Launched at the end of January, Frontier is offering an attractive price of £40/tonne* for beans above November wheat futures, with an additional £10/t premium for growers who opt for Frontier’s specialist bean agronomy package and achieve the required 29% protein targets.
This offer comes about with the construction of a new de-hulling plant near Nottingham due to open later this year, where beans will be processed to produce a protein-rich binding agent attractive to the fish farming industry.
For Rob Atkin, it is the perfect opportunity for him to exploit a new market for his bean crop.
“We have grown beans since 2010, and have alternated between springs and winters depending on the rotation. In 2017, with the ban on using PPPs on EFAs, we went back to winter beans as we could use the pre-ems we needed on those,” he says.
“However, with the opportunity to grow for Frontier’s processing plant which is fairly local, it made sense to opt back into spring beans.”
“As an alternative break crop, they have a valuable place in the rotation and if you get beans right, they can be a profitable crop as they don’t really require high inputs.”
Mr Atkin has chosen to grow the variety; LG Cartouche, as it offers the highest protein content available on the spring PGRO Recommended List 2019, sitting 1.3% ahead of any other pale hilum variety at 29.1%.
“To meet the 29% protein target needed by Frontier, it made sense to start at the highest genetic protein base level.”
LG Cartouche is also high yielding with very good standing ability and is early to mature, and as it is a pale hilum bean, it is also suitable for the premium human consumption market.
“Rob will be following our bespoke agronomy advice, using dedicated yield and protein boosting products to ensure the crop fulfils this potential,” explains Richard Plant, Frontier agronomist.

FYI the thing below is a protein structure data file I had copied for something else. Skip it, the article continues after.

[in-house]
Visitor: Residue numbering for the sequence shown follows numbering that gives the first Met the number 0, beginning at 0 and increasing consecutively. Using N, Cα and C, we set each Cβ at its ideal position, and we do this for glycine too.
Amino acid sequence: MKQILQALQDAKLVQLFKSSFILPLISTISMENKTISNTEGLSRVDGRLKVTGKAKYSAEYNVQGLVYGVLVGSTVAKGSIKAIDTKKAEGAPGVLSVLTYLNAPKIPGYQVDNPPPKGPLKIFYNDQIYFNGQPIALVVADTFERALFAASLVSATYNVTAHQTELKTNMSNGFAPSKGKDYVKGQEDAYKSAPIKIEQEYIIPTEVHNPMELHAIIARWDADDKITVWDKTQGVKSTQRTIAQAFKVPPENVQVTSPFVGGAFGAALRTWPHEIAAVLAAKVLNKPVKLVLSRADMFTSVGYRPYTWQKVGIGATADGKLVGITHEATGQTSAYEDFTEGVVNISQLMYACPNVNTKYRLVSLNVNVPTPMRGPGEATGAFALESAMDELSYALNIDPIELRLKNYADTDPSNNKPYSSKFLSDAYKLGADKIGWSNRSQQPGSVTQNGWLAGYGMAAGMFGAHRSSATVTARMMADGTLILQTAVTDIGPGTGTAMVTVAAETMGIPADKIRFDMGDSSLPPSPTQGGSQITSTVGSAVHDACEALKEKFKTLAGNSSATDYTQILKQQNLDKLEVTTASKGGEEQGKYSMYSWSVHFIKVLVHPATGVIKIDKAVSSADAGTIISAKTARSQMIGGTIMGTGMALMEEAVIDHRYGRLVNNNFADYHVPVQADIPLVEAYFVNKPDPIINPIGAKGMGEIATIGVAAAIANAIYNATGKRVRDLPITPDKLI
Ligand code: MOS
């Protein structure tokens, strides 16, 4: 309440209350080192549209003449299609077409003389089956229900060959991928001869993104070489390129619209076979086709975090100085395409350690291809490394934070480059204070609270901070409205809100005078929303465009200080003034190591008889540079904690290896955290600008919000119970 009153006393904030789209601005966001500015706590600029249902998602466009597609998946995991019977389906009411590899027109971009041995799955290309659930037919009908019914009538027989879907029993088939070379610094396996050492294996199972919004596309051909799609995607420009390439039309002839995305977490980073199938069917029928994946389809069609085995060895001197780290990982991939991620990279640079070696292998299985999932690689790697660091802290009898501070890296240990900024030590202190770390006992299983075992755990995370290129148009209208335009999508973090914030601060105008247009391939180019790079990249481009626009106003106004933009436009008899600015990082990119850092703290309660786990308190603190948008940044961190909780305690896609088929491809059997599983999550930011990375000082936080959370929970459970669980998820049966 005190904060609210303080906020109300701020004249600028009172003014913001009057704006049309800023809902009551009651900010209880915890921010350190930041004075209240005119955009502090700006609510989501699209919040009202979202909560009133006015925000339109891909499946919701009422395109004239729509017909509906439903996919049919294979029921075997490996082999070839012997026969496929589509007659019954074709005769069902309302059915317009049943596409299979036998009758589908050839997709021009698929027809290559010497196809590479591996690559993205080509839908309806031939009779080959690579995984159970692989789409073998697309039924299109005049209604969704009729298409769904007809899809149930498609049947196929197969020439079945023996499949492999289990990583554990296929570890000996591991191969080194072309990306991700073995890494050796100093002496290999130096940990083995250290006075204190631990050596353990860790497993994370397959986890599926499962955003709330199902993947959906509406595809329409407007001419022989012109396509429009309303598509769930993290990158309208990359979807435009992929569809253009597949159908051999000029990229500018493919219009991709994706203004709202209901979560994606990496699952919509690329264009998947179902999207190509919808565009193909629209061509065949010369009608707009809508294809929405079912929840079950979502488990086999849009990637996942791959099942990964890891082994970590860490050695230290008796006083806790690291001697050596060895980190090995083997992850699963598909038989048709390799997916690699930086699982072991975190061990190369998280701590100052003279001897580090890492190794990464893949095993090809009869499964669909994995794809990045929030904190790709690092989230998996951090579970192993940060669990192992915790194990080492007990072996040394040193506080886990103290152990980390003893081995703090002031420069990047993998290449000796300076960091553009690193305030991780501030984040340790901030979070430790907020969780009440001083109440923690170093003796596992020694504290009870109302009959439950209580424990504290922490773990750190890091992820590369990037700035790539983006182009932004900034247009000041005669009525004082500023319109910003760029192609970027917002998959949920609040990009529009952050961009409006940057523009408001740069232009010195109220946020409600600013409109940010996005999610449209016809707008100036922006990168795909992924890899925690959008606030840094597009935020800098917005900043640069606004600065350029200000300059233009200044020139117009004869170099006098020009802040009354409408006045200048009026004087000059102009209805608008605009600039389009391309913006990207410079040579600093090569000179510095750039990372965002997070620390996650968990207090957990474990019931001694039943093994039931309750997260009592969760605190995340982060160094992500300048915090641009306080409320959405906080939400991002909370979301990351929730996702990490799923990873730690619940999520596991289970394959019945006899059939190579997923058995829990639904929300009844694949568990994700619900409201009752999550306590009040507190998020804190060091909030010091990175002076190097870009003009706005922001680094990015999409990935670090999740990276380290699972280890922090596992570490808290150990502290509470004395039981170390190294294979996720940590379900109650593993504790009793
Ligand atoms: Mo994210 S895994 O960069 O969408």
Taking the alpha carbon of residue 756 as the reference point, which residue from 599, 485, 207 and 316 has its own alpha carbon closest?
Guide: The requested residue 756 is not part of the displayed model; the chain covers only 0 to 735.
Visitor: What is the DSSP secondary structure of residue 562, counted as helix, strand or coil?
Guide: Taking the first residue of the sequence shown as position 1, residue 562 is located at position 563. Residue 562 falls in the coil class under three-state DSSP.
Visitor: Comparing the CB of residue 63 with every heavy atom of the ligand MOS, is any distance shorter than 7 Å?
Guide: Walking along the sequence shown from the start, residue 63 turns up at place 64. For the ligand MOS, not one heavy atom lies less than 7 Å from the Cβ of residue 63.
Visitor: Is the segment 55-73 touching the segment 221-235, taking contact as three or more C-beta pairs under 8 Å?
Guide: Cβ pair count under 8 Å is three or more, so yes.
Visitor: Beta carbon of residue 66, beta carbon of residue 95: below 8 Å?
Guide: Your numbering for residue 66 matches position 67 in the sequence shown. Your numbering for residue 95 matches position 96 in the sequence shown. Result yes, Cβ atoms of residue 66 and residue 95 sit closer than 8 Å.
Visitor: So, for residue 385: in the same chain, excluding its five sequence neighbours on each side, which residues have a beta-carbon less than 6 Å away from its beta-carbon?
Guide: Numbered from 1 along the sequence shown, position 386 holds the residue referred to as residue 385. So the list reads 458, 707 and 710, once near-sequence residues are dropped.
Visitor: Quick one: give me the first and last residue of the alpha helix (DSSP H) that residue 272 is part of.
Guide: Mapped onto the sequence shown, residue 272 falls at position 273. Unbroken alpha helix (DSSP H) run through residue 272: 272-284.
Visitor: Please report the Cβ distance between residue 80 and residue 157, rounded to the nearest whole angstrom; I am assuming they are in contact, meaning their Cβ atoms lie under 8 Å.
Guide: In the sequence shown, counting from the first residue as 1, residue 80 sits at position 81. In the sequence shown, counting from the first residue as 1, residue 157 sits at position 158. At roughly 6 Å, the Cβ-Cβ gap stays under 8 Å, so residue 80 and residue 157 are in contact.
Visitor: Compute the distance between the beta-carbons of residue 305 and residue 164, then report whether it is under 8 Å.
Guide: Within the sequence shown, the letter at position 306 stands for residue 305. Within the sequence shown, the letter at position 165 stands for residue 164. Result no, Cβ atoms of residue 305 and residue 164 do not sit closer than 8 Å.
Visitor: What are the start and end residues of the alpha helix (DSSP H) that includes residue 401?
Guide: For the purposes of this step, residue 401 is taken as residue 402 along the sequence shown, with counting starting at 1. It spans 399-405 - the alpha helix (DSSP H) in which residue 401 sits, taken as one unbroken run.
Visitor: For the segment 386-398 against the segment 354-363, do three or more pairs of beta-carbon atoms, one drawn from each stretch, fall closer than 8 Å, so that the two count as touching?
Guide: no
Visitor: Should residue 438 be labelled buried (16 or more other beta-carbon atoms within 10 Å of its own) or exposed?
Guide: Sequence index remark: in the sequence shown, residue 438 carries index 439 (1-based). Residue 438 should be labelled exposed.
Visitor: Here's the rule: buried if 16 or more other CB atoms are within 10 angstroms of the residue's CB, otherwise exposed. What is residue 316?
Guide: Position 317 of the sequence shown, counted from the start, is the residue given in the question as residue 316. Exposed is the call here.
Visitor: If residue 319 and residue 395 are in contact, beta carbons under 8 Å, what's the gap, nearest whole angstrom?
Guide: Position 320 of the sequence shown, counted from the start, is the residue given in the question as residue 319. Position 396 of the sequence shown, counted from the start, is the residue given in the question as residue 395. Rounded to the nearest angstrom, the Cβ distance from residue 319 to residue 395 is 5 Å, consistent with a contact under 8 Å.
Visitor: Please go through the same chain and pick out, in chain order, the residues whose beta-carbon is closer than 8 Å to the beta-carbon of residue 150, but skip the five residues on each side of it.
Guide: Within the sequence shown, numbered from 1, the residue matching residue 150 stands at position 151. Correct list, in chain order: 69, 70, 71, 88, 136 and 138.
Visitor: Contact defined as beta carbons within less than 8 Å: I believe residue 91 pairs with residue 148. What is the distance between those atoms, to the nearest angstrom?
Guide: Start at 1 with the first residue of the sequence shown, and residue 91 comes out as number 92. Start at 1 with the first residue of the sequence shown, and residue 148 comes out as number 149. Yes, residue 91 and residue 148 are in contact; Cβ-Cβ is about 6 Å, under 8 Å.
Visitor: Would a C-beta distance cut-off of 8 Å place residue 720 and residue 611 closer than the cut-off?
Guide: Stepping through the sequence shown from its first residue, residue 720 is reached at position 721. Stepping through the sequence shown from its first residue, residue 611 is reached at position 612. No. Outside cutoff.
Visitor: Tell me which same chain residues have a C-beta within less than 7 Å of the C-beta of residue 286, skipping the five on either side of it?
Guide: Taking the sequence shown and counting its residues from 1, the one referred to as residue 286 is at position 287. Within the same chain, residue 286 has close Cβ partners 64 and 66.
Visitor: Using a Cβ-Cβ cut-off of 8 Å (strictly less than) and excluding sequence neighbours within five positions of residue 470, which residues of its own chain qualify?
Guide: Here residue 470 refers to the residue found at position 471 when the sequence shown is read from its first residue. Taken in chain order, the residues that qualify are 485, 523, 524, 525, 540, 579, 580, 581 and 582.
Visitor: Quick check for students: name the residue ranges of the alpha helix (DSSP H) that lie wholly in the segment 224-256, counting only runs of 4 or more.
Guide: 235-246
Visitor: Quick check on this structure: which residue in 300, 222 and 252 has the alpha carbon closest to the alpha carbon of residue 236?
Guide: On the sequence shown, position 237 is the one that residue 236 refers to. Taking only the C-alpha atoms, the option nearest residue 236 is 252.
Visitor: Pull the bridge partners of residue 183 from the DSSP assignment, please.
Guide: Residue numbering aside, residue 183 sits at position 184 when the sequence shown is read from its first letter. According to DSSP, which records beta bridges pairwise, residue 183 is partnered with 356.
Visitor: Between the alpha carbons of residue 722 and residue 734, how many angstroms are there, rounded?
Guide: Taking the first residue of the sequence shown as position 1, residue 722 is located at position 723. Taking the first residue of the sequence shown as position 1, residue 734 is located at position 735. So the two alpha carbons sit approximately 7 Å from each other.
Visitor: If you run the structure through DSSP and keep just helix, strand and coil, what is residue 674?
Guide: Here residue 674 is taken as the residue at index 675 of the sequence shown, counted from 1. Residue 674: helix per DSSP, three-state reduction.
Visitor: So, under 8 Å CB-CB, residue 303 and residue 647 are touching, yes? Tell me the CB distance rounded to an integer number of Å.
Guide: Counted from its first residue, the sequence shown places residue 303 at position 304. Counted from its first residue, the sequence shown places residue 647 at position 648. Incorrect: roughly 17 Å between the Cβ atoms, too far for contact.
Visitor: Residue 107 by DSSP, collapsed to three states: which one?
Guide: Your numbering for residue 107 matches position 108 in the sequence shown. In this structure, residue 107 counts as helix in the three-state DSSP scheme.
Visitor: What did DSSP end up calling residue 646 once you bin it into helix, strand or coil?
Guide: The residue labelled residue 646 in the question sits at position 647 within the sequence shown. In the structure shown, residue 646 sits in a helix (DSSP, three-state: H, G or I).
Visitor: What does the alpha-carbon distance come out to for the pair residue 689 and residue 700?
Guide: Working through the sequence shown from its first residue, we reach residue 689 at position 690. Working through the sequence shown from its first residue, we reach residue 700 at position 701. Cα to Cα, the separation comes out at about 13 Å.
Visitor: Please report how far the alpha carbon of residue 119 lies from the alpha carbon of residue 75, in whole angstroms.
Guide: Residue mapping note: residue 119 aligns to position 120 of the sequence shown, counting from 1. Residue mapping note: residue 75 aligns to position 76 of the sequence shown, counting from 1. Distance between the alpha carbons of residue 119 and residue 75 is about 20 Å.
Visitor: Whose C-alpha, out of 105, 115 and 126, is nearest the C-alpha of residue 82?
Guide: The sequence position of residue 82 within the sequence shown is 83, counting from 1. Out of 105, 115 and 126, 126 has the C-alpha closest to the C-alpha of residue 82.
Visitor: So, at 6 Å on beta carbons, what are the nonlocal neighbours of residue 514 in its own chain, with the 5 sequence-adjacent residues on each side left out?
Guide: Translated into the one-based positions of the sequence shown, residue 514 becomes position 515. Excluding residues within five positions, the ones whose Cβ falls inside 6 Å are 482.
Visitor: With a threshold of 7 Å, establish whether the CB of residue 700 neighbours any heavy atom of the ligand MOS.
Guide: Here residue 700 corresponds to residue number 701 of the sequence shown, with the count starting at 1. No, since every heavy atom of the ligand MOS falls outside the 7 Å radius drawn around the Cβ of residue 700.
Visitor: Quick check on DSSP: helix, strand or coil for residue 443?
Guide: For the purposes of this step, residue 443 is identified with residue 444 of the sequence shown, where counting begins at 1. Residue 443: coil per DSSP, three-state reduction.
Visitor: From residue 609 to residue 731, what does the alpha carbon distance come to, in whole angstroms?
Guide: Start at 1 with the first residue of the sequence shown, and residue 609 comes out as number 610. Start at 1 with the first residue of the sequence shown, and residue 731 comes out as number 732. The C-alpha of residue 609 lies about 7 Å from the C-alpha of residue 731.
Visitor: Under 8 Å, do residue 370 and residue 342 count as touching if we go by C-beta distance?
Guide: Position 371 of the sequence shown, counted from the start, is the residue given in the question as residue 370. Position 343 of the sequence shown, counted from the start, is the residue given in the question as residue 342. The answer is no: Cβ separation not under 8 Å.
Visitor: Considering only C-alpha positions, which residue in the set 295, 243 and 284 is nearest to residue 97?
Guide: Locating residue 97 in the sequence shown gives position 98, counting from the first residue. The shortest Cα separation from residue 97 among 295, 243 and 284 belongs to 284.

“Initial results from trials indicate that some of the new bio-stimulants have a positive effect on yield and protein. When used early in the growing crop, they have improved rooting and nutrient utilisation which helps in pushing for that extra quality.”
“LG Cartouche responds particularly well to this, with its higher base level protein content.”
Mr Plant points out that should the beans should reach human consumption quality there is still an option to trade them for the more lucrative human consumption market.
The beans were planned for an 8.5ha field of light loamy soil that was cover cropped over the winter; half with an EFA mix, and half with stubble turnips, and then it was finally grazed off with sheep.
“The whole farm has been min-till since 2003, and we will use one of two options for drilling; either run a Cultivator through first and then use an Amazon min-drill, or a Mzuri strip till-drill, which we are still trialling,” says Rob Atkin.
“I’ll aim to drill the crop at the beginning of March but if conditions are not right, I will hang back and wait for a week or 10 days. If the weather turns bad, March can be a long month and it doesn’t make too much difference if they have to be delayed until mid-March.”
“Getting the right establishment is key to a successful bean crop. If the crop starts well, then I would expect the spring crop to yield as well as a winter crop, and with the right nutrition through the Frontier programme, the quality should be there too to meet the spec for the extra premium.”